“Try to understand the blackness, lethargy, hopelessness, and loneliness they’re going through. Be there for them when they come through the other side. It’s hard to be a friend to someone who’s depressed, but it is one of the kindest, noblest, and best things you will ever do.”Stephen Fry
Late in my teenage years, I started experiencing symptoms associated with Major Depressive Disorder, also known as clinical depression. I was diagnosed officially in college and formally introduced to the elaborate, mysterious, and frustrating relationship between the two rival factions in my head: my brain and my mind.
My mind knows that, no matter how bleak it all may seem at the time, I am not alone and things will get better. Its counterpart, my brain, is under no such pretenses. My brain spins like a hard drive, refusing to wind down, constantly grinding away. My brain betrays my mind, sapping my energy. Replacing passion with nothingness, leaving a state of numbness and paralysis. When my brain wins, I cannot get out of bed. My entire body feels heavy and I cannot muster the strength to break free of the invisible force surrounding me. Exhaustion, even after 12 hours of sleep, envelopes me.
I have been very lucky over the last twenty years in that, with a combination of therapy, medication, and personal lifestyle choices, I have remained highly functional. I am truly fortunate to have the ability to access quality mental health care and to have my symptoms taken seriously. For many people, the same is not true.
In September 2018, seemingly overnight, I entered a major depressive episode. Having been in this position before, I knew what I needed to do—see my doctor and find my way back to an even keel. The answer, at the time, was to increase my medication. For a few weeks, it worked. But, at the end of October, I found myself again unable to get out of bed. Adding another medication, I appeared to come out of it. Unfortunately, that too was temporary. My cycle of decline and slight rebound continued until, in June, a medication mixup sent me into a tailspin. Over the course of this past summer, I clawed my way back, but even this period of calm was short lived. My brain kept sliding back four steps for every one step gained.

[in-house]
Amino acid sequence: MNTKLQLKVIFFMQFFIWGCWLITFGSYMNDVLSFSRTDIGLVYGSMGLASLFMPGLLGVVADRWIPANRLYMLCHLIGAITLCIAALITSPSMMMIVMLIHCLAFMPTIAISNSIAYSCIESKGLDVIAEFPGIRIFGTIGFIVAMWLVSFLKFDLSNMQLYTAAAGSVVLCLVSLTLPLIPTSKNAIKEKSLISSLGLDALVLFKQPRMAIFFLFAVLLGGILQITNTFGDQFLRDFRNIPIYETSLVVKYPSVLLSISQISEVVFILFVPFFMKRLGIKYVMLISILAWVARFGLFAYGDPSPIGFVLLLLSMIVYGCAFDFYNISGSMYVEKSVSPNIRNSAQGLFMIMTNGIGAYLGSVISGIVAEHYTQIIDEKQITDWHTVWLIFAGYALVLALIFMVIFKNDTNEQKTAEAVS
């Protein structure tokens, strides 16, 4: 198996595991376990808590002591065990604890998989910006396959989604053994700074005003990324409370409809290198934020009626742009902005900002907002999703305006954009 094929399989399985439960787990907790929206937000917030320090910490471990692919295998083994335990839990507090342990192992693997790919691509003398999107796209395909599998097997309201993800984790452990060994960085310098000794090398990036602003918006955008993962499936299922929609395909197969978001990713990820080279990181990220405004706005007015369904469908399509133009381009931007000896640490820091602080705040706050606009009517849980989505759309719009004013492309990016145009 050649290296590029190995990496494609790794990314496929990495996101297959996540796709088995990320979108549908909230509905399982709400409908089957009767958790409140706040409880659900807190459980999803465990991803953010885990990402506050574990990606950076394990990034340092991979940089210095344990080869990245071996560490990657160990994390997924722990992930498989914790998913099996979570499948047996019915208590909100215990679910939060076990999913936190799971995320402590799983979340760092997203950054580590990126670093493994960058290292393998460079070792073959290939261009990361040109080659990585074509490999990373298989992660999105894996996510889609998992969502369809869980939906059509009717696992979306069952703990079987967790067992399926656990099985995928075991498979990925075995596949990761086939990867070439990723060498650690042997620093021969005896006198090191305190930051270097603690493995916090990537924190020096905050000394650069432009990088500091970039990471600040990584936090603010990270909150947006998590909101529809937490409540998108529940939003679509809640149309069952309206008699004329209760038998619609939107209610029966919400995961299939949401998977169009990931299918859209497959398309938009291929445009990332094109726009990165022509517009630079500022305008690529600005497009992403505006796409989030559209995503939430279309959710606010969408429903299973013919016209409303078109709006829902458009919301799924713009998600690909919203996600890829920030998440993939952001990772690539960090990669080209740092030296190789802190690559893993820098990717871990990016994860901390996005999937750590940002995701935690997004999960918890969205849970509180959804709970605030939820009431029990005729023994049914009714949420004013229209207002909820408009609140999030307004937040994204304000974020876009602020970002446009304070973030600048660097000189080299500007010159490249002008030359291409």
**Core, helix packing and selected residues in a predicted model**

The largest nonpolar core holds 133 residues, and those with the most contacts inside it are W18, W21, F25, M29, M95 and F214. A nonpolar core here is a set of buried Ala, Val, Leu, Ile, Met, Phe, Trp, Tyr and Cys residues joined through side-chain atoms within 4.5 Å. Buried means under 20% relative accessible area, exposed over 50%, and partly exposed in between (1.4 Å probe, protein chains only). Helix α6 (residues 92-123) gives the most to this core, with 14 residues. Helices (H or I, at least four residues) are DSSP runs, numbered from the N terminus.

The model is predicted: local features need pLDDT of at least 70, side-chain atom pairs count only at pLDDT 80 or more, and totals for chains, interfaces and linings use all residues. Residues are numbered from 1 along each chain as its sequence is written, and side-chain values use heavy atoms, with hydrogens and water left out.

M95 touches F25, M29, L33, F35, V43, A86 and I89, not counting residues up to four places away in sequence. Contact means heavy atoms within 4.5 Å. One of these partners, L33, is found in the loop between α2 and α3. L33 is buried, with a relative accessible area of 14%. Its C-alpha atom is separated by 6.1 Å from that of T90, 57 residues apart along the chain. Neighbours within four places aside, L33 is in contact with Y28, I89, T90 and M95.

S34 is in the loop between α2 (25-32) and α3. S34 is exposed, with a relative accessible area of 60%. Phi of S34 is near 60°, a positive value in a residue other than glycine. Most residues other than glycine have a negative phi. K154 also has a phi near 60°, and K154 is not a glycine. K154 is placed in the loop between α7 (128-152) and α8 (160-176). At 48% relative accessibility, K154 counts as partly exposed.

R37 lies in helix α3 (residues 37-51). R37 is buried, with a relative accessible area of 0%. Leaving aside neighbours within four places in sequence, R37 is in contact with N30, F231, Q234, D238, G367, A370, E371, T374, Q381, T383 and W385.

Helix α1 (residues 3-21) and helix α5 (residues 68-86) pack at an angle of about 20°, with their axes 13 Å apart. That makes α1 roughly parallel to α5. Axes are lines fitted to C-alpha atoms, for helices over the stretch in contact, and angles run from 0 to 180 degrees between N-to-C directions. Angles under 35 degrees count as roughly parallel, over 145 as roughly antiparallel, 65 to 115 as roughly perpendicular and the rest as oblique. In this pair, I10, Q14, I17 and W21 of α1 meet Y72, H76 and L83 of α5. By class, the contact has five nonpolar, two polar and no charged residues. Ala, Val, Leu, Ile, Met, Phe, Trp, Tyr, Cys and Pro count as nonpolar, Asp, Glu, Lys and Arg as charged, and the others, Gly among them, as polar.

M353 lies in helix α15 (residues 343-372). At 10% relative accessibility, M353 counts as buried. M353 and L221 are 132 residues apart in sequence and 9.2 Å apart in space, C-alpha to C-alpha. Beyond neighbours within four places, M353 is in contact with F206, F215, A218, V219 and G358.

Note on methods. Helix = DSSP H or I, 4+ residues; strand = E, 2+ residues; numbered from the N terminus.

The side effects of my significantly increased medication fully manifested themselves and couldn’t be hidden, try as I might. A dear colleague, seeing my shaking hands, was so concerned that she lovingly reached out to ask if I had seen a neurologist for my tremors. Other side effects were easier to conceal, but troubled me far more. The dense fog surrounding my mind kept even my most commonly used words and phrases just out of reach and hid my short-term memories, just far enough away that I couldn’t grasp them. I felt my mind, the place where I find joy and fulfillment in thought and reflection, slipping away. In early November, I had a moment of extreme clarity where I felt myself, literally, losing my mind. My brain told me that I was trapped and would never be able to escape. I started to think, very systematically and pragmatically, about how I would end my life, just to make it stop. One afternoon, about two weeks before Thanksgiving, I took out a notepad and started writing my own obituary. I’m struck by how ludicrous it all seems to me now, but it wasn’t then.
In that moment, something clicked and my mind pulled me back from the brink. I called my husband and asked him to come home. He knew I was feeling down, but I had kept the extent of my depressive episode from him, just like I’d kept it from everyone else. In our current work culture, if I’m not in the office, people might notice they haven’t seen me around lately but, thanks to technology, they generally aren’t concerned about it as long as emails and calls get returned, and deliverables show up.